Illuminating the Northeast U.S. – Stunning Nighttime View From Space

Sundown and Lights Up US Northeast From Space Station

Photo of the northeastern United States captured on January 17, 2024, by an astronaut aboard the International Space Station.

As sunlight waned, the glow of artificial light revealed patterns of urbanization along the populous corridor.

This photograph, captured by an astronaut aboard the International Space Station (ISS) while orbiting over Newfoundland, Canada, offers a captivating perspective of the northeastern United States. The photo highlights the stark contrast between sprawling urban lights and the darkness of rural landscapes and water bodies, such as the Nipmuck and Natchaug state forests and Long Island Sound.

Several of the largest U.S. cities are visible, including New York, Washington D.C., and Philadelphia. These well-lit cities, along with Boston, Long Island, and the lighted roads that connect them, reflect patterns of urbanization extending to the coastline. Scientists have shown that population density correlates with the brightness of urban landscapes in nighttime imagery.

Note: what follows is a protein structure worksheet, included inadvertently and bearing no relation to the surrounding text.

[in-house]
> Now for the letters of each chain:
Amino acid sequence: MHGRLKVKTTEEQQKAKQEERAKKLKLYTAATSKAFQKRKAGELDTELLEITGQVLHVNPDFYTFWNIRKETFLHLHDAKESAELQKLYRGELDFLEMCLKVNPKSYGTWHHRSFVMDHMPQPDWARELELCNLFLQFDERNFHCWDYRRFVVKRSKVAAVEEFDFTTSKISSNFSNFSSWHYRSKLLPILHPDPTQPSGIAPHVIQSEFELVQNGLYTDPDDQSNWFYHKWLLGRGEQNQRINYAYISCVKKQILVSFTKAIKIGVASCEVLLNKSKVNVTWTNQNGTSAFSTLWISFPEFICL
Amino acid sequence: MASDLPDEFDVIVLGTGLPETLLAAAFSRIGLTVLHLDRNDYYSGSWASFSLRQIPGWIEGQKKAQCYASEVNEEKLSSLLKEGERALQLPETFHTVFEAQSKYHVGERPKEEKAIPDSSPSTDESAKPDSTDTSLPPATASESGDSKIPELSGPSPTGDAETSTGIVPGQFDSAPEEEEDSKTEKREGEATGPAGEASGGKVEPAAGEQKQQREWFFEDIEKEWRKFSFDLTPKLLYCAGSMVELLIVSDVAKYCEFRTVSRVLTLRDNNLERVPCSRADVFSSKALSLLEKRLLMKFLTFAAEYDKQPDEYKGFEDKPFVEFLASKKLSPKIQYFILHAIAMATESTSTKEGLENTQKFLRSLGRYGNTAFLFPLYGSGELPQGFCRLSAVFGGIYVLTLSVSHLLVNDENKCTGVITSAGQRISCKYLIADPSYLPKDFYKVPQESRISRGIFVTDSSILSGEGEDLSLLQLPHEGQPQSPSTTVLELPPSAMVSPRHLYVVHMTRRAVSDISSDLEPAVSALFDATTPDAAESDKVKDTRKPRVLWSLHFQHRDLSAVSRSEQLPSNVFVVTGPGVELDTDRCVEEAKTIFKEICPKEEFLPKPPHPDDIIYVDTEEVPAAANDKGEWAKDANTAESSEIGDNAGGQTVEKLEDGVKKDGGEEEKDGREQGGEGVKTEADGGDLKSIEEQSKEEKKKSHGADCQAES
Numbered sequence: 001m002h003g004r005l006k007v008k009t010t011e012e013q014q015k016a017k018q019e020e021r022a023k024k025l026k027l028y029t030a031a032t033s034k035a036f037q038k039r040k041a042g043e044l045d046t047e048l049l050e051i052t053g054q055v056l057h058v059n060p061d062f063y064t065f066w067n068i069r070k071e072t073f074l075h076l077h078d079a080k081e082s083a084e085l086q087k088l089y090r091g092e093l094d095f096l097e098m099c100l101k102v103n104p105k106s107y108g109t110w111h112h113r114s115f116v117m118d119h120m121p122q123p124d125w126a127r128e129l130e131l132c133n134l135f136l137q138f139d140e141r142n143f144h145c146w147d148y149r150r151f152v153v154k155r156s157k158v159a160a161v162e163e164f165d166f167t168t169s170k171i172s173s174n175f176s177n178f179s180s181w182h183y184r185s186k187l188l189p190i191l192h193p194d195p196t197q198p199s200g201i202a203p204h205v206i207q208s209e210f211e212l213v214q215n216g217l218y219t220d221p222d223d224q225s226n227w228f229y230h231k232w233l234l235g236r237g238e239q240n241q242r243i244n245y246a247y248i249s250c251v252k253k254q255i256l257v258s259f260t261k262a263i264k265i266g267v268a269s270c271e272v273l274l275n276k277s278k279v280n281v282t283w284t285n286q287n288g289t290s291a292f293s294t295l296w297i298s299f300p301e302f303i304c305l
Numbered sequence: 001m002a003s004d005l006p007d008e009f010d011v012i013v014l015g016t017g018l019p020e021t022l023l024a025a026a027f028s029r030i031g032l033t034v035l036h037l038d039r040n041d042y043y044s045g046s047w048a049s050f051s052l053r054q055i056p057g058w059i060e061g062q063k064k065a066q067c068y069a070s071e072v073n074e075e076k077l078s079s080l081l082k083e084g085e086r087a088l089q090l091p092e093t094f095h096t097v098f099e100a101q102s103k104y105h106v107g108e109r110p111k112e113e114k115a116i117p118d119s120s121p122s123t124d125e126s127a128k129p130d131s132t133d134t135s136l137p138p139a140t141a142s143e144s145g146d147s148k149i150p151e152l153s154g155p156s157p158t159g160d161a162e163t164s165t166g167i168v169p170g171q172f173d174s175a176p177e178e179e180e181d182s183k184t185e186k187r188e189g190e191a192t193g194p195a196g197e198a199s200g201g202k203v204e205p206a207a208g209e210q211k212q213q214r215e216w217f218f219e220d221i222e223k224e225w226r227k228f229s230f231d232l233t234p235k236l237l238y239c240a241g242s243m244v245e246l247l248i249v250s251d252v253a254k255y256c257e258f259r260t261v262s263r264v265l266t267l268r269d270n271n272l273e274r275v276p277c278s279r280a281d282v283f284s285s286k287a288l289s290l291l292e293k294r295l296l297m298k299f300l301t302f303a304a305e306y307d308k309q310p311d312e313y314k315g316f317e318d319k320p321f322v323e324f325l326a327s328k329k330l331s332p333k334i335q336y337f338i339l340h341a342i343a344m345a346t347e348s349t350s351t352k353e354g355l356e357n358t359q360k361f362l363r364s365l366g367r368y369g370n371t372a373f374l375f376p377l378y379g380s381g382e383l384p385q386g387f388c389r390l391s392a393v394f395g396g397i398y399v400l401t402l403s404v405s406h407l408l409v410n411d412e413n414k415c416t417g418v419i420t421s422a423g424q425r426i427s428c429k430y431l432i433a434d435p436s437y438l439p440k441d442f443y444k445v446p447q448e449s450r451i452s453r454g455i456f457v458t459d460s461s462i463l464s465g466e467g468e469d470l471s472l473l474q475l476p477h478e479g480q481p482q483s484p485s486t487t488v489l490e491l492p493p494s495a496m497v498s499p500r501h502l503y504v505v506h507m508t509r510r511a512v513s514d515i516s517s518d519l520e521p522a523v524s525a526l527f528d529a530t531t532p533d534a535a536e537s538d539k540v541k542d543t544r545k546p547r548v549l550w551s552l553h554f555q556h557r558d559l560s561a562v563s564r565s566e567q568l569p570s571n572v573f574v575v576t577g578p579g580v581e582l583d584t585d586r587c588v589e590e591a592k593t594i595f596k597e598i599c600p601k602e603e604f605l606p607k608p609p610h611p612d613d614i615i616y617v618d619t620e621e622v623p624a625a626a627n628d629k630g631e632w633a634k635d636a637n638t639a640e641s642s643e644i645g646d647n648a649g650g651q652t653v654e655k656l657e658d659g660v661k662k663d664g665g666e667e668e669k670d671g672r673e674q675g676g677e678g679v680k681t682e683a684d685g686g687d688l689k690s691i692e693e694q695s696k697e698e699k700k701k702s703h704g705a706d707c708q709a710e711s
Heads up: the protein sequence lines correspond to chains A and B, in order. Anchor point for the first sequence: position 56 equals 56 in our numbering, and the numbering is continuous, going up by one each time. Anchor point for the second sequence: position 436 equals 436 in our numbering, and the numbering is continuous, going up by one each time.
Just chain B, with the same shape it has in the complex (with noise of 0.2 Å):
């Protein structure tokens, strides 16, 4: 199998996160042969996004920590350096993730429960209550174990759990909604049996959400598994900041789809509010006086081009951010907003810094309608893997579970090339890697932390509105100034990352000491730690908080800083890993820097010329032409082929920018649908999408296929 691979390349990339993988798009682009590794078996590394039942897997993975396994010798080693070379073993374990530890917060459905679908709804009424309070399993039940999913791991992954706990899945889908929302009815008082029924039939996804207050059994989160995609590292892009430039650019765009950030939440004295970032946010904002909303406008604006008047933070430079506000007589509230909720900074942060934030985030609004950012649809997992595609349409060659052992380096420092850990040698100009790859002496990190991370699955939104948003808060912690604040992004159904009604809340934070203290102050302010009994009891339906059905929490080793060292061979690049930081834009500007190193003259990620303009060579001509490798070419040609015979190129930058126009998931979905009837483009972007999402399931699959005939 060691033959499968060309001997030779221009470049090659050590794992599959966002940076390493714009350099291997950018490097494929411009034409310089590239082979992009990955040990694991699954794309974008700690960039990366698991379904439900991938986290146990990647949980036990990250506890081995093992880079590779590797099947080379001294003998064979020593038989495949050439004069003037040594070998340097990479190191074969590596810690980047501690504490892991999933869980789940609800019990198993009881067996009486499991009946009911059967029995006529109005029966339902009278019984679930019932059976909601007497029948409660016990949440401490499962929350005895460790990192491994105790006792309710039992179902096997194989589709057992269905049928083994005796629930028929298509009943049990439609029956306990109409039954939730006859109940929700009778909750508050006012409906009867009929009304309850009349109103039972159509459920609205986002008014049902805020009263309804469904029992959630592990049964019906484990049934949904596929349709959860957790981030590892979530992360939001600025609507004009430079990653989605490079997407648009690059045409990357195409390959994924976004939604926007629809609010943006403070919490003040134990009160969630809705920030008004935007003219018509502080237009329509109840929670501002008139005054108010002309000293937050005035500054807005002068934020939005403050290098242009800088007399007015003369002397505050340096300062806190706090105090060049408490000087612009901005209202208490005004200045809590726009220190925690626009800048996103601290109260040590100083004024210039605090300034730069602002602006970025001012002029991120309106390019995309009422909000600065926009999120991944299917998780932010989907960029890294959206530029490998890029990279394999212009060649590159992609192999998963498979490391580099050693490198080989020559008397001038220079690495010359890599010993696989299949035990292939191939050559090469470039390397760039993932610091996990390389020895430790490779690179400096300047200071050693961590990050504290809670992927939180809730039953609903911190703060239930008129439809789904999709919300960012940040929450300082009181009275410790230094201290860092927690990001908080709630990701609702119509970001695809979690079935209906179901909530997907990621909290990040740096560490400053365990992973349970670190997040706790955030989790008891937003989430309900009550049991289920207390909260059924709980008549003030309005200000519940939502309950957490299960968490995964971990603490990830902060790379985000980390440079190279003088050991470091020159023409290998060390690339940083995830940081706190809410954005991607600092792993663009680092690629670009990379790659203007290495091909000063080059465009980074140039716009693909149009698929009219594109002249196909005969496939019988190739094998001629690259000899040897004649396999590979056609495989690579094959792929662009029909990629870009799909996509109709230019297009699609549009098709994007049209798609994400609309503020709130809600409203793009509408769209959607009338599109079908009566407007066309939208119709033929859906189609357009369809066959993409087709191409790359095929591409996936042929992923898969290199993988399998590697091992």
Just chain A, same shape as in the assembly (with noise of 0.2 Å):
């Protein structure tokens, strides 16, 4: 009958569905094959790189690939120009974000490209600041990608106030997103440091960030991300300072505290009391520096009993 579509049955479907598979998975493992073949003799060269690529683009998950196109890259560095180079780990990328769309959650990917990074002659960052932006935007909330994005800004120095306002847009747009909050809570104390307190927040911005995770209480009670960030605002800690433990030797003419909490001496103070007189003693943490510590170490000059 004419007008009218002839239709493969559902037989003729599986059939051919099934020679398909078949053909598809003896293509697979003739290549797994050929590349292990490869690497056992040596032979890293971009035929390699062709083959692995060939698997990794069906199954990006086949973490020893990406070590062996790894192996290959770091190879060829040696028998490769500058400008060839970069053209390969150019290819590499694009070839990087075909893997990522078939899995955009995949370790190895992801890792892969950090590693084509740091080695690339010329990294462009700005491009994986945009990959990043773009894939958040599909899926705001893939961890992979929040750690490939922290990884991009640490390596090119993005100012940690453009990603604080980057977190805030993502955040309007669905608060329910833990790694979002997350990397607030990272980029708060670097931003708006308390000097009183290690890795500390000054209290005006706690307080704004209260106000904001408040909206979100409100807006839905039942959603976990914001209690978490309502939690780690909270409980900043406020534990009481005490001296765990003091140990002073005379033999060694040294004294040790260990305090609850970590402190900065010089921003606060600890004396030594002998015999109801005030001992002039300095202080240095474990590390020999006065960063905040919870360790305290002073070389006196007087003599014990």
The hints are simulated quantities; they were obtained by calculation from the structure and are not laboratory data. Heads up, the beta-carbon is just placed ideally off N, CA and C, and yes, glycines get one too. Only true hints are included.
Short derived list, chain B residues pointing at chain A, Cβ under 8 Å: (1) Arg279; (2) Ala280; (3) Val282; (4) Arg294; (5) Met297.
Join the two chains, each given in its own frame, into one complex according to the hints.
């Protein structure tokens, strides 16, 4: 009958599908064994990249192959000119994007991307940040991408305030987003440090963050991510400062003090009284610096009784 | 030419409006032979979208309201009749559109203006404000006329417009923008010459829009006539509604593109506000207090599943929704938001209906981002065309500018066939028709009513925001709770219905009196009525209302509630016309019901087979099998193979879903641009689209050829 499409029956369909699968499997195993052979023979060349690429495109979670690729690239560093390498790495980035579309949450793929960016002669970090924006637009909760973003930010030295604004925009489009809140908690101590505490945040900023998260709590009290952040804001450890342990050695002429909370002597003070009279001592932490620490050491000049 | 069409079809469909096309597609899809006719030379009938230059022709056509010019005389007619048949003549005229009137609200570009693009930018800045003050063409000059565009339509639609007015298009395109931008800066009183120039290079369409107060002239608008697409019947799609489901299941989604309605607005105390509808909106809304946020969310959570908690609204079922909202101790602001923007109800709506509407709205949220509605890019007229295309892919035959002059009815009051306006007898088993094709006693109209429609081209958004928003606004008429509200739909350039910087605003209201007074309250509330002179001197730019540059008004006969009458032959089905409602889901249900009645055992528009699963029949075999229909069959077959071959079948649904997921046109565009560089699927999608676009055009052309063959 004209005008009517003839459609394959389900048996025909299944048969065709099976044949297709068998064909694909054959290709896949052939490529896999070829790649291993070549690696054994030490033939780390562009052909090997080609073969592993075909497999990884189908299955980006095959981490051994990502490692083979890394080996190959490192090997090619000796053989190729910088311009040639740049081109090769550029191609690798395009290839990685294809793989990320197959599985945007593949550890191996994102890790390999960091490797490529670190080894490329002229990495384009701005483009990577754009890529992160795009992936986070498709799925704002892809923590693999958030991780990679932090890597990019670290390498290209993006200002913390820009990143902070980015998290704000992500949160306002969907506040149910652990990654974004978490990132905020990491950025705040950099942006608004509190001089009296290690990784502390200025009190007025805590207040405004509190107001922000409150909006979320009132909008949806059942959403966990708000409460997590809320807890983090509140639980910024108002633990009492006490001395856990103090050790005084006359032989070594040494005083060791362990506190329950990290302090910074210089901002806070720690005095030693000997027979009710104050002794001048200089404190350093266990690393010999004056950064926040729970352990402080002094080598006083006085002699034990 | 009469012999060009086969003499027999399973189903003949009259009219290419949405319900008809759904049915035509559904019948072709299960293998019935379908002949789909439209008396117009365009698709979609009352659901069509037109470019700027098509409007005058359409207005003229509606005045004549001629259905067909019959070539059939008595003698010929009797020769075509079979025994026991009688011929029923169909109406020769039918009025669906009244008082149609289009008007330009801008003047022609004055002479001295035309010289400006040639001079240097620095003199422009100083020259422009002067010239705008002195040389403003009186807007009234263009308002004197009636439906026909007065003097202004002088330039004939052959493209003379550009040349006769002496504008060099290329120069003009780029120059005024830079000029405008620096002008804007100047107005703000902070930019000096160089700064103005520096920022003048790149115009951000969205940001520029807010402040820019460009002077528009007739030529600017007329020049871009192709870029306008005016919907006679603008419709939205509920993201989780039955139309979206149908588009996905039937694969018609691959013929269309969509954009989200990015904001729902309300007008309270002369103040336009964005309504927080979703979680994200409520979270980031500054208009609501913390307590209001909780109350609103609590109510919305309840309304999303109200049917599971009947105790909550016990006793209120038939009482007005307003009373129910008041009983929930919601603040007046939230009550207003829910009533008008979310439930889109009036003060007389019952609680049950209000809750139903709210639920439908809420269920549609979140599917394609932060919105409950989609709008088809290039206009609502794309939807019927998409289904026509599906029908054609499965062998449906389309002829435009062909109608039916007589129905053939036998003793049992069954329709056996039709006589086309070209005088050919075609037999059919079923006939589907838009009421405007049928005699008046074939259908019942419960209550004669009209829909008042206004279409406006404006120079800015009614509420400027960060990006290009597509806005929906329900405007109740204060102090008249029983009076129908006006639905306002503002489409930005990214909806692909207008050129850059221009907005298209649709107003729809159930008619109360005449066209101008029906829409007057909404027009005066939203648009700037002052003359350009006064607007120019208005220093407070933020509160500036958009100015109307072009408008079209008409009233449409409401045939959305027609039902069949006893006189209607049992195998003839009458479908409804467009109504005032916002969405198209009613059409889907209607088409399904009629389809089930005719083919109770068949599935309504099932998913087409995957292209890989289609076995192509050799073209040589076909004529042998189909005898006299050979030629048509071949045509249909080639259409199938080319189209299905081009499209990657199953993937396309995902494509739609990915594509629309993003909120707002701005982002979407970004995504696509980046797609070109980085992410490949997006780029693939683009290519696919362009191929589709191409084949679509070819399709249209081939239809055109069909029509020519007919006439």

Sundown and Lights Up US Northeast From Space Station Annotated

Annotate version of the photo identifying Saturn, Washington D.C., New York City, Philadelphia, Long Island, Boston, Long Island Sound, the stratosphere, and state forests.

As the Sun dips below the curvature of Earth, the varying layers of the atmosphere appear as different hues in this oblique photograph of Earth’s limb. The troposphere, the lowest layer of the atmosphere, appears red and yellow. The stratosphere, the layer above, displays tones of light blue that gradually fade until reaching the upper atmosphere. The planet Saturn shines as a small white speckle visible along the upper-right edge of the photo.

Astronaut photograph ISS070-E-76065 was acquired on January 17, 2024, with a Nikon D5 digital camera using a focal length of 200 millimeters. It is provided by the ISS Crew Earth Observations Facility and the Earth Science and Remote Sensing Unit, Johnson Space Center. The image was taken by a member of the Expedition 70 crew. The image has been cropped and enhanced to improve contrast, and lens artifacts have been removed. The International Space Station Program supports the laboratory as part of the ISS National Lab to help astronauts take pictures of Earth that will be of the greatest value to scientists and the public, and to make those images freely available on the Internet. Additional images taken by astronauts and cosmonauts can be viewed at the NASA/JSC Gateway to Astronaut Photography of Earth.

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